Monday, September 22, 2014

Emotional Fitness Clinic has Given Me Endless Inspiration!

      Last weekend I attended one day of a two day Emotional Fitness clinic put on by our local Parelli instructors; Todd and Maureen Owens who hosted the incredible Dr Jenny. She is a sports psychologist with the most amazing views on self help, healing and understanding ourselves so we can better understand our horses. She talked about a lot of amazing ideals, character traits and day to day actions we can do to help ourselves become more emotionally fit. But one thing she talked about which struck a major chord for me; is how little people are really in tune with their horses.

      I am just as guilty, as I went home and thought about everything she had said. How we need to take breaks in our training sessions so our horses can digest what we've been telling them, and working them through. How we need to stop and really observe our horses so we can look for tell tale signs of tension, fear and confusion. This pushes past just the ability to ask a horse to do something and having them react, we're talking about having a calm and collected horse who understands, digests and then responds to your cues. Tension and stress free.

      It was so interesting to see her working with different riders and trainers to pin point their issues and to work through them together. There was one lady who had her horse doing wonderful patterns and who was obviously very obedient... but after a few patterns we all came to realize what she did not. Her horse was actually very tense. This mare was reacting to very small, easy cues; and doing all of the patterns with ease. But she never relaxed into anything. She was always very tight necked, her tail was clamped, her legs were choppy.. And those were just the really noticeable traits from afar; there were more tell tale signs close up that Dr Jenny gave advice on.
      How do we know when our horse has really relaxed into work? When are they 100% on and ready for work; cool, calm and collected. Responsive and ready for action. This is where Dr Jenny stressed our need for better observation of our horses. Here was a seemingly wonderfully trained horse, who was living with stress 90% of the time during work. And to no fault of her owner, she just didn't know! She thought, well if my horse is answering my questions and working through what I ask of her, she must be ok with it. But she wasn't.

      It's not hard to take the time to recognize stress in our horses, or to even take a break and bring them back down. Passed that it's not very difficult to work them out of that state, and into a relaxed mode in both their body and mind. This is where we want them to be anyways!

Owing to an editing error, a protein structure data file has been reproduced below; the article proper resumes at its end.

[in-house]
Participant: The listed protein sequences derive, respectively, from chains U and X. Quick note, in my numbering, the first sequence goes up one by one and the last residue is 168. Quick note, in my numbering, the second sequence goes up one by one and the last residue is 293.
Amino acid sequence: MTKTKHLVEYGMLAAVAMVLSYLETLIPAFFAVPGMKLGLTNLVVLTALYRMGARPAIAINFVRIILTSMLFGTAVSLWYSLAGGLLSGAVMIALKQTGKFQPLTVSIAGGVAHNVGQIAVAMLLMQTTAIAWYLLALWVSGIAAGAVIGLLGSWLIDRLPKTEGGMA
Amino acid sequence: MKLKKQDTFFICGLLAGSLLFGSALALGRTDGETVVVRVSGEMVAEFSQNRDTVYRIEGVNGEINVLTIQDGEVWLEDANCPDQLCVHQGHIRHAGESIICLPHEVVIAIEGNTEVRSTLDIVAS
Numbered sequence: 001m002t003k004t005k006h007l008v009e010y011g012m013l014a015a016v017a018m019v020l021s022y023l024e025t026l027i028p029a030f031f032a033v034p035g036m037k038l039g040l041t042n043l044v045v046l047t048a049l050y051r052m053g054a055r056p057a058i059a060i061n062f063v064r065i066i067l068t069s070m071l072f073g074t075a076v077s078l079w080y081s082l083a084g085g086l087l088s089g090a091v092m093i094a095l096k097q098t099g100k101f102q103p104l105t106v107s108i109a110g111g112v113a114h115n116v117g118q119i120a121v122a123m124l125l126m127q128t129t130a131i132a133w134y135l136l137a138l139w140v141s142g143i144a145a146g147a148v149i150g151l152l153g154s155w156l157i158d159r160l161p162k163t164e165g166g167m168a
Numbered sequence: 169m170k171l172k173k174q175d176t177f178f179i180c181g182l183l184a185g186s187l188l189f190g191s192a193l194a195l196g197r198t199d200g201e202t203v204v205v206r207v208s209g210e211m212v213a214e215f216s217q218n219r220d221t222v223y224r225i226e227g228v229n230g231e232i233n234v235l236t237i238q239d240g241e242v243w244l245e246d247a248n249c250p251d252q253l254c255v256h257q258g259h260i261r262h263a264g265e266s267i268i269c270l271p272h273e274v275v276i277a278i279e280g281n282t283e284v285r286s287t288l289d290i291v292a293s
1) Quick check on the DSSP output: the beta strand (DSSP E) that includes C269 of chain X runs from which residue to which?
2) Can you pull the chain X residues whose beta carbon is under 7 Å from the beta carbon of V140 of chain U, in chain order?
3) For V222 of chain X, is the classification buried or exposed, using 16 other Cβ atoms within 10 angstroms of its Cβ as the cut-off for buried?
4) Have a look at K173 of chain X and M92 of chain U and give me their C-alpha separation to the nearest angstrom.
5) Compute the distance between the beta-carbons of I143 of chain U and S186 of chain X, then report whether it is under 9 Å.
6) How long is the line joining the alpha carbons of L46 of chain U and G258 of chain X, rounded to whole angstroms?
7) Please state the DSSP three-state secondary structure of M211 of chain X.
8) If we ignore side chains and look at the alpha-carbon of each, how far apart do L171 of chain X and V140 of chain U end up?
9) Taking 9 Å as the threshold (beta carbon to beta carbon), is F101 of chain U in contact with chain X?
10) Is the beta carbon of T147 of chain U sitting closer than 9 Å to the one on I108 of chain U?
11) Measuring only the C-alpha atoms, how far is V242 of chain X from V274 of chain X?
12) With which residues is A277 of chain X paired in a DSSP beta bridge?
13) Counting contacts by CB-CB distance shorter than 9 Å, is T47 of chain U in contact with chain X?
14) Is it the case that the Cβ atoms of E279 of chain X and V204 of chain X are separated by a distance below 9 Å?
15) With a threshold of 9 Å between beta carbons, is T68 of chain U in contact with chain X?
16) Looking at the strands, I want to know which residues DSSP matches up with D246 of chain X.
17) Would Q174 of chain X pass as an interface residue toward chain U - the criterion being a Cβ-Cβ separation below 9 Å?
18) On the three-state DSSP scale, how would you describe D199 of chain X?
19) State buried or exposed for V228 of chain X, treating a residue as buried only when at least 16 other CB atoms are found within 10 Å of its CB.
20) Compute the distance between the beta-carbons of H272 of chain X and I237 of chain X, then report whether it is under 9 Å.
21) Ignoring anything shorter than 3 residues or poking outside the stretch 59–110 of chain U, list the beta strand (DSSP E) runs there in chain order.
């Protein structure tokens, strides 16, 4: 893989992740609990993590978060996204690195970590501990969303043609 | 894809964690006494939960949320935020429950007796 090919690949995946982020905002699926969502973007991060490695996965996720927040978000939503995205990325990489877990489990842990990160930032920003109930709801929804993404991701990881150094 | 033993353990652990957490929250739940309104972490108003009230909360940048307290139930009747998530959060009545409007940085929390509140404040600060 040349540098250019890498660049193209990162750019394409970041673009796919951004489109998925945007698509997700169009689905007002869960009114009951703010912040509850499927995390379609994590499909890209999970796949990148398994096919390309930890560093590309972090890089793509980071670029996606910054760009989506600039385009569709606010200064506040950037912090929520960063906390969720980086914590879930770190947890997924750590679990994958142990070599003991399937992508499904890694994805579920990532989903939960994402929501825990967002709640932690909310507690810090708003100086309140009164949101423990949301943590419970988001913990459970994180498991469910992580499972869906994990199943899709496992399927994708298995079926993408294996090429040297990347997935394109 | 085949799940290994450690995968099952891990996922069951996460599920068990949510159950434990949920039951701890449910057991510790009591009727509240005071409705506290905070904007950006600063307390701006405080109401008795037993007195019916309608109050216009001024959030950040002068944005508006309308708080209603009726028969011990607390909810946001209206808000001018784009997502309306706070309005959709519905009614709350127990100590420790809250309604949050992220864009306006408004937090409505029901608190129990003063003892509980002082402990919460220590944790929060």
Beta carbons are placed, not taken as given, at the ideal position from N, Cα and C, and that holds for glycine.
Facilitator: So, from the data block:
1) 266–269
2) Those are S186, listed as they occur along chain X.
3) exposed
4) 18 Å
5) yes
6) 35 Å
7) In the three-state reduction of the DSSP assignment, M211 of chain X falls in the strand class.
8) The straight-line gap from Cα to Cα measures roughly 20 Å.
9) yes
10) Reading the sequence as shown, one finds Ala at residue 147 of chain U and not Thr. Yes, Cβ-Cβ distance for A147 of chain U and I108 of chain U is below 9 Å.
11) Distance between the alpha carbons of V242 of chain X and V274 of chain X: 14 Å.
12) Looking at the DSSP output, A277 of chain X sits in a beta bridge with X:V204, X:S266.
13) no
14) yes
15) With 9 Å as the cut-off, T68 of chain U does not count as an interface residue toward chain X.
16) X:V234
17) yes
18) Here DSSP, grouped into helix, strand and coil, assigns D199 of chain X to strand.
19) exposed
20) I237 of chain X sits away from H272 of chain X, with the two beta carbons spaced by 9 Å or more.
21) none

This lady took advice from Dr Jenny, and from Todd; and worked on how to be in tune with her horse. She learned to wait for her to lick and chew after every movement; which in the beginning took upwards of 10-15minutes. She learned to embrace her calm self, and how to ask for that calm self. And she also learned about her own walls that had been blocking her from seeing her horse's stress in the first place. She learned she was very much an LBI and needed to stop worrying about the big picture check list (circle game, check. yoyo game, check.) and instead focus on her horse's attitude and mannerisms. Is she relaxed? How do I know? Is she tense? High headed? Is her tail loose and swinging? Is her back tense and choppy? Are her eyes blinking and thinking or stuck open in shock?
      These are all things we need to start doing on a regular basis with our horses in everything we do. Because the more we tune into these qualities, the more quality we will start to see in our horse's work. Who works out and studies better when they are relaxed and comfortable? *raises hand* It's the same for our horses.

      I want you to look at your own training and riding; think back to times when you've maybe pushed your horse passed their relaxed threshold and into a stressed environment. Don't get me wrong, as Dr Jenny has said, stress isn't a bad thing; it's a biological imperative. But we need to be aware of when we're asking for emotional fitness, or when we're ignoring our horse's signs of being uncomfortable. Just because your horse allows you to climb up on their back, doesn't mean they are entirely relaxed in the process. Just because your horse allows you to stand up on their bum, doesn't mean they are comfortable with the idea. Are they standing cool, calm and collected because they are relaxed? Or are they frozen in shock or fear?

      My biggest advice is to look at those ears, paired with those eyes. They will tell you about a world of emotional thought in your horse. So next time you go to work with your horse, make sure you are waiting for those licks and chews, make sure you are giving them a few breaks here and there, and most of all make sure you are tuned into their comfort levels and wait for that relaxed demeanour before moving forward.

      I took this advice and had an incredible break through with a client's horse this past week. It was one of the most inspiring moments of my training career, and I've only just begun!

As always, keep on keepin' on!

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